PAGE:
By: Megan Arrow
Addison Grace returns, still in the trails of their last release with a new EP - Things That Are Bad For Me. Not only does this record take a darker path in artistic direction when compared to Immaturing, but the thematic content follows suit and discusses some more somber experiences in identity, love, jealousy and the path to self-acceptance.
The first two tracks build a world of their own; emotional neighbors both melodically and lyrically. On "Pretty Girl", Grace explores the complexity of a relationship that while at a skin level feels dreamy, when dissected, has a singular fatal flaw. Swimming vocals and vulnerable acoustic guitars score the realization that no matter how much this person loves him in this moment, they’re not loving him for who he actually is. The instrumentals bring a closing calmness to painful lyrics which detail an acceptance that the longevity of this relationship is compromised. Addison highlights the risks of a partnership like this on their self-preservation in ‘Just wanna soften and let you in my world, speaking of an almost self-destructive tendency to sacrifice their own acceptance for the love of another. The cool colors and lush greenery of the "Pretty Girl" music video work with the track’s equally calm sound to juxtapose the harmful partnership that exists in reality. Although the beauty of a lot of music videos is their ambiguity, an honorable mention must be given to the imagery used by Addison; like the footage of them ‘saving’ a snail from a pink dollhouse. Commenting on this they expressed, “I think art is always up to the viewer to decide what it means, but I will say the underlying queer message was very intentional".
"Valerie" continues this gliding sorrow, taking us into dream pop territory. Reverb guitars are paired with cosmic vocabulary, generating quite the otherworldly feel and echoing Cocteau Twins’ Heaven or Las Vegas. "Valerie" possesses maybe my favorite bridge on the record. It’s a gorgeously structured song that builds tension with the narrative frustrations, before releasing into the chorus and letting us float away into Addison’s world. Lyrically, the song builds a picture from the start, of the anxiety surrounding an admiration from afar with repeated compliments, amidst self-comparisons. The track cleverly mentions the subject’s favorite song being "Heather" by Conan Gray a song of unrequited love and a clear sonic inspiration for the record. Lyrical parallels of wanting to embody the subject are apparent in "Valerie" ‘Hey, Valerie Could I be you?’ And Heather’s ‘I Wish I were Heather’.
"Everybody Seems to Love You" splits the EP right down the middle with a stark tone change from its dream pop-inspired predecessors. Track 3 will take you right back to late 90s/early 2000s pop-punk with elements of All Time Low and Wheatus’ Teenage Dirtbag, alongside a charged key change on the last chorus. The song is a vocal masterclass from Grace, with a mix of registers and crafted distortion, particularly at the end of the second verse. Track 3 details a person who is almost dangerously attractive and perhaps a known heartbreaker; someone who wouldn’t have the capacity or lifestyle for a relationship that’s anything more than physical. To which Grace states ‘maybe we should just hook up instead, and we don’t have to be friends’. Despite the song deviating from the soulful love and longing of the previous two tracks, it was perhaps the most fun to listen to for me and takes the title of being my favorite on the EP.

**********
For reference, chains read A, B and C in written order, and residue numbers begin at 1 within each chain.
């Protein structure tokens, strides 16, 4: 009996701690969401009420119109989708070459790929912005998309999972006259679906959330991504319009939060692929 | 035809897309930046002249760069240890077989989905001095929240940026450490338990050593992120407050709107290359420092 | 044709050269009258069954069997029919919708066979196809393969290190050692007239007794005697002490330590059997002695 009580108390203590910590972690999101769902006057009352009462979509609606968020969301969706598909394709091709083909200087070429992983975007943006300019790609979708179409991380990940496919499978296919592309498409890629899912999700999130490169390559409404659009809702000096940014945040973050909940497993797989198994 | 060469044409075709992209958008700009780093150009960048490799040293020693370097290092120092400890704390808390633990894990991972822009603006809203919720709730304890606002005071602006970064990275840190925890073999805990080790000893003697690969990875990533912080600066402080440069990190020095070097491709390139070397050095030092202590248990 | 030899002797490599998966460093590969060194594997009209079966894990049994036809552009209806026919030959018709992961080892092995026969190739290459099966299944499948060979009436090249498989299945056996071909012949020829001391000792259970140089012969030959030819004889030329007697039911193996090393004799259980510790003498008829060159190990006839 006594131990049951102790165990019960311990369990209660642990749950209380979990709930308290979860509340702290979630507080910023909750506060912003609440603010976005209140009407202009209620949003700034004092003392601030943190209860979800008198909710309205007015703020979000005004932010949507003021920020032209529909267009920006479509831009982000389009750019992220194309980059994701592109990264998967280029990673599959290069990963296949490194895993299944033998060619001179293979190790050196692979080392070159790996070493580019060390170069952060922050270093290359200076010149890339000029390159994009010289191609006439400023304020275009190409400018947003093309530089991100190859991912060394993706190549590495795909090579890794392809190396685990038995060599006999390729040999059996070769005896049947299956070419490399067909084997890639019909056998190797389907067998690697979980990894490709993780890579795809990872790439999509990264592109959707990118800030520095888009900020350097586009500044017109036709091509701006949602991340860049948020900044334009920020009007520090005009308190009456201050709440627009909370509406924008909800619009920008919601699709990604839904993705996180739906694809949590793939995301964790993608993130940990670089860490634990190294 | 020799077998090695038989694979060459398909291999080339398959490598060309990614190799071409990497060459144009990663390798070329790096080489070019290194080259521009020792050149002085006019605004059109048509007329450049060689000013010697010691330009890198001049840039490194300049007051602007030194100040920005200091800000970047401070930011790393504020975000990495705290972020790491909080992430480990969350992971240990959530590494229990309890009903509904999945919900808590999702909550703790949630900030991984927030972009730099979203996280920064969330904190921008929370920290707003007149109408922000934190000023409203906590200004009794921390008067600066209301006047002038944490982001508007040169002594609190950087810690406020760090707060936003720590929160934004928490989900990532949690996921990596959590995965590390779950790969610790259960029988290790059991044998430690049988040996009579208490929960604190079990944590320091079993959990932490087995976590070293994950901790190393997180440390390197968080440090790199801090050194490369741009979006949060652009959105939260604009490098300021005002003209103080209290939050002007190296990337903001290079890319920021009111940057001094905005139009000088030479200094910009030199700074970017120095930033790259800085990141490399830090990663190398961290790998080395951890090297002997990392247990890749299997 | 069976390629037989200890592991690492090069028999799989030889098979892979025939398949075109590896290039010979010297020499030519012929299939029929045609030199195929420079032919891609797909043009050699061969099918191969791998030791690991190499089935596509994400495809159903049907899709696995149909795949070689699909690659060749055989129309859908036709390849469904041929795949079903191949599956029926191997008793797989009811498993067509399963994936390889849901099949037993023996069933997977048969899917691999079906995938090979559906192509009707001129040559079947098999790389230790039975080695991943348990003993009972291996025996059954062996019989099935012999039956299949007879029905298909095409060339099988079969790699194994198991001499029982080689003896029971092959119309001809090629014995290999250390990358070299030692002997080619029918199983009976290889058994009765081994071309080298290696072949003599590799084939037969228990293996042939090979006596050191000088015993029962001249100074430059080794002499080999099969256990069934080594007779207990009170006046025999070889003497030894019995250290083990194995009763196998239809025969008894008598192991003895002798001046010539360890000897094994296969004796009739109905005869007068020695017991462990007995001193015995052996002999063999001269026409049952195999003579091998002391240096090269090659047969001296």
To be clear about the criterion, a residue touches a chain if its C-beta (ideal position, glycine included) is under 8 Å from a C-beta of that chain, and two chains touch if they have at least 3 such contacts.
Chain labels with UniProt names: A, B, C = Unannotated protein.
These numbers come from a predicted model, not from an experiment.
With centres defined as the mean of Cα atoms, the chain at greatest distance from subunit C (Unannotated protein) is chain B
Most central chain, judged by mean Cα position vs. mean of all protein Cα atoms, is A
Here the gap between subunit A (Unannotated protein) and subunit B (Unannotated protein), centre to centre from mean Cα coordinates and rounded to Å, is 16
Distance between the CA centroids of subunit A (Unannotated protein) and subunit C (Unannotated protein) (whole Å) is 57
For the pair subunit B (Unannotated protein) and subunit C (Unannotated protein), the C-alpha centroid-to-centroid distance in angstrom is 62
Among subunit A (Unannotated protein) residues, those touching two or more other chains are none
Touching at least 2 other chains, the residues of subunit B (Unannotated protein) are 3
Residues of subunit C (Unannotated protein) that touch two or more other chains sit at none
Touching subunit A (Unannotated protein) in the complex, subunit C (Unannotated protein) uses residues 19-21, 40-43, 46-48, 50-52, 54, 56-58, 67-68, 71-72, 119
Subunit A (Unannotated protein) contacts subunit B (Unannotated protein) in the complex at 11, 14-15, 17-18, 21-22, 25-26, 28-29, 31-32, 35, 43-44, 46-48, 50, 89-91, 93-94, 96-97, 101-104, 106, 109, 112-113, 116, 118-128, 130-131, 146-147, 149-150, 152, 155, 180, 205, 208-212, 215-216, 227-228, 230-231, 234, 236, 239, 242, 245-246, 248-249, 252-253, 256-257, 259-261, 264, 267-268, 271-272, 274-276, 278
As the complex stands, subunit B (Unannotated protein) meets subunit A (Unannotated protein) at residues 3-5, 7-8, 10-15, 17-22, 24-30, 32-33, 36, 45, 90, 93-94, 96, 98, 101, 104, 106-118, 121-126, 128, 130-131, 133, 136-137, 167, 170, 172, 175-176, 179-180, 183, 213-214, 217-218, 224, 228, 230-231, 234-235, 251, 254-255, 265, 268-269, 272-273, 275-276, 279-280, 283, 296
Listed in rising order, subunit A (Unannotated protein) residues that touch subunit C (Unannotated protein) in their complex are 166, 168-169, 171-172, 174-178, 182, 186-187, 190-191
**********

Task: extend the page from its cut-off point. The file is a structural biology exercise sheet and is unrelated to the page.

The guitars take a back seat in "Out Of Touch", primarily muted, if somewhat distorted in the chorus, to allow for a more mellow instrumental. Lyrically, this track is endlessly intriguing. The pre-chorus details, in my view, the struggle of being an artist. A feeling of disposability or imposter syndrome catalyzed by industry powers and fan bases – ‘better keep the money coming or you’ll never be enough’. Addison also touches on the frequent exploitation and dehumanizing experience among musicians to produce their craft - ‘your tears are worth buying, your pain is enticing them’.
"If Nobody Likes U" presents us with a gentle conclusion to the EP and a lesson in self-love. The track feels like a love letter to Addison’s younger self. Over a gentle strum, Grace reassures himself that he will be fine even if it feels like the world is ending and shows an understanding that these are very real feelings for a teen. He repeats affirmations of ‘you’ll be okay’ and ‘you will be fine’ like a mantra, in the hope to assure himself that despite what the world, or those inhabiting it, may throw his way, he always has himself – both then and now. The accompanying music video is as heartwarming as the lyric, showing Addison’s character befriending a ghost in a very Peter Pan-esque adventure; a known inspiration for the video being Where The Wild Things Are. The pair stroll through fields and chat by a lake while Grace affixes a floral patch to the sheet of the ghost, sharing the natural aesthetics of Pretty Girl’s video. The song closes with a sweet and prideful voicemail to summarise an already soft experience for the listener.
Producing a multitude of singles since 2020 and two EPs this year alone, Addison Grace shows a work ethic that is both inspiring and unwavering. I can only wait in anticipation for what they release next.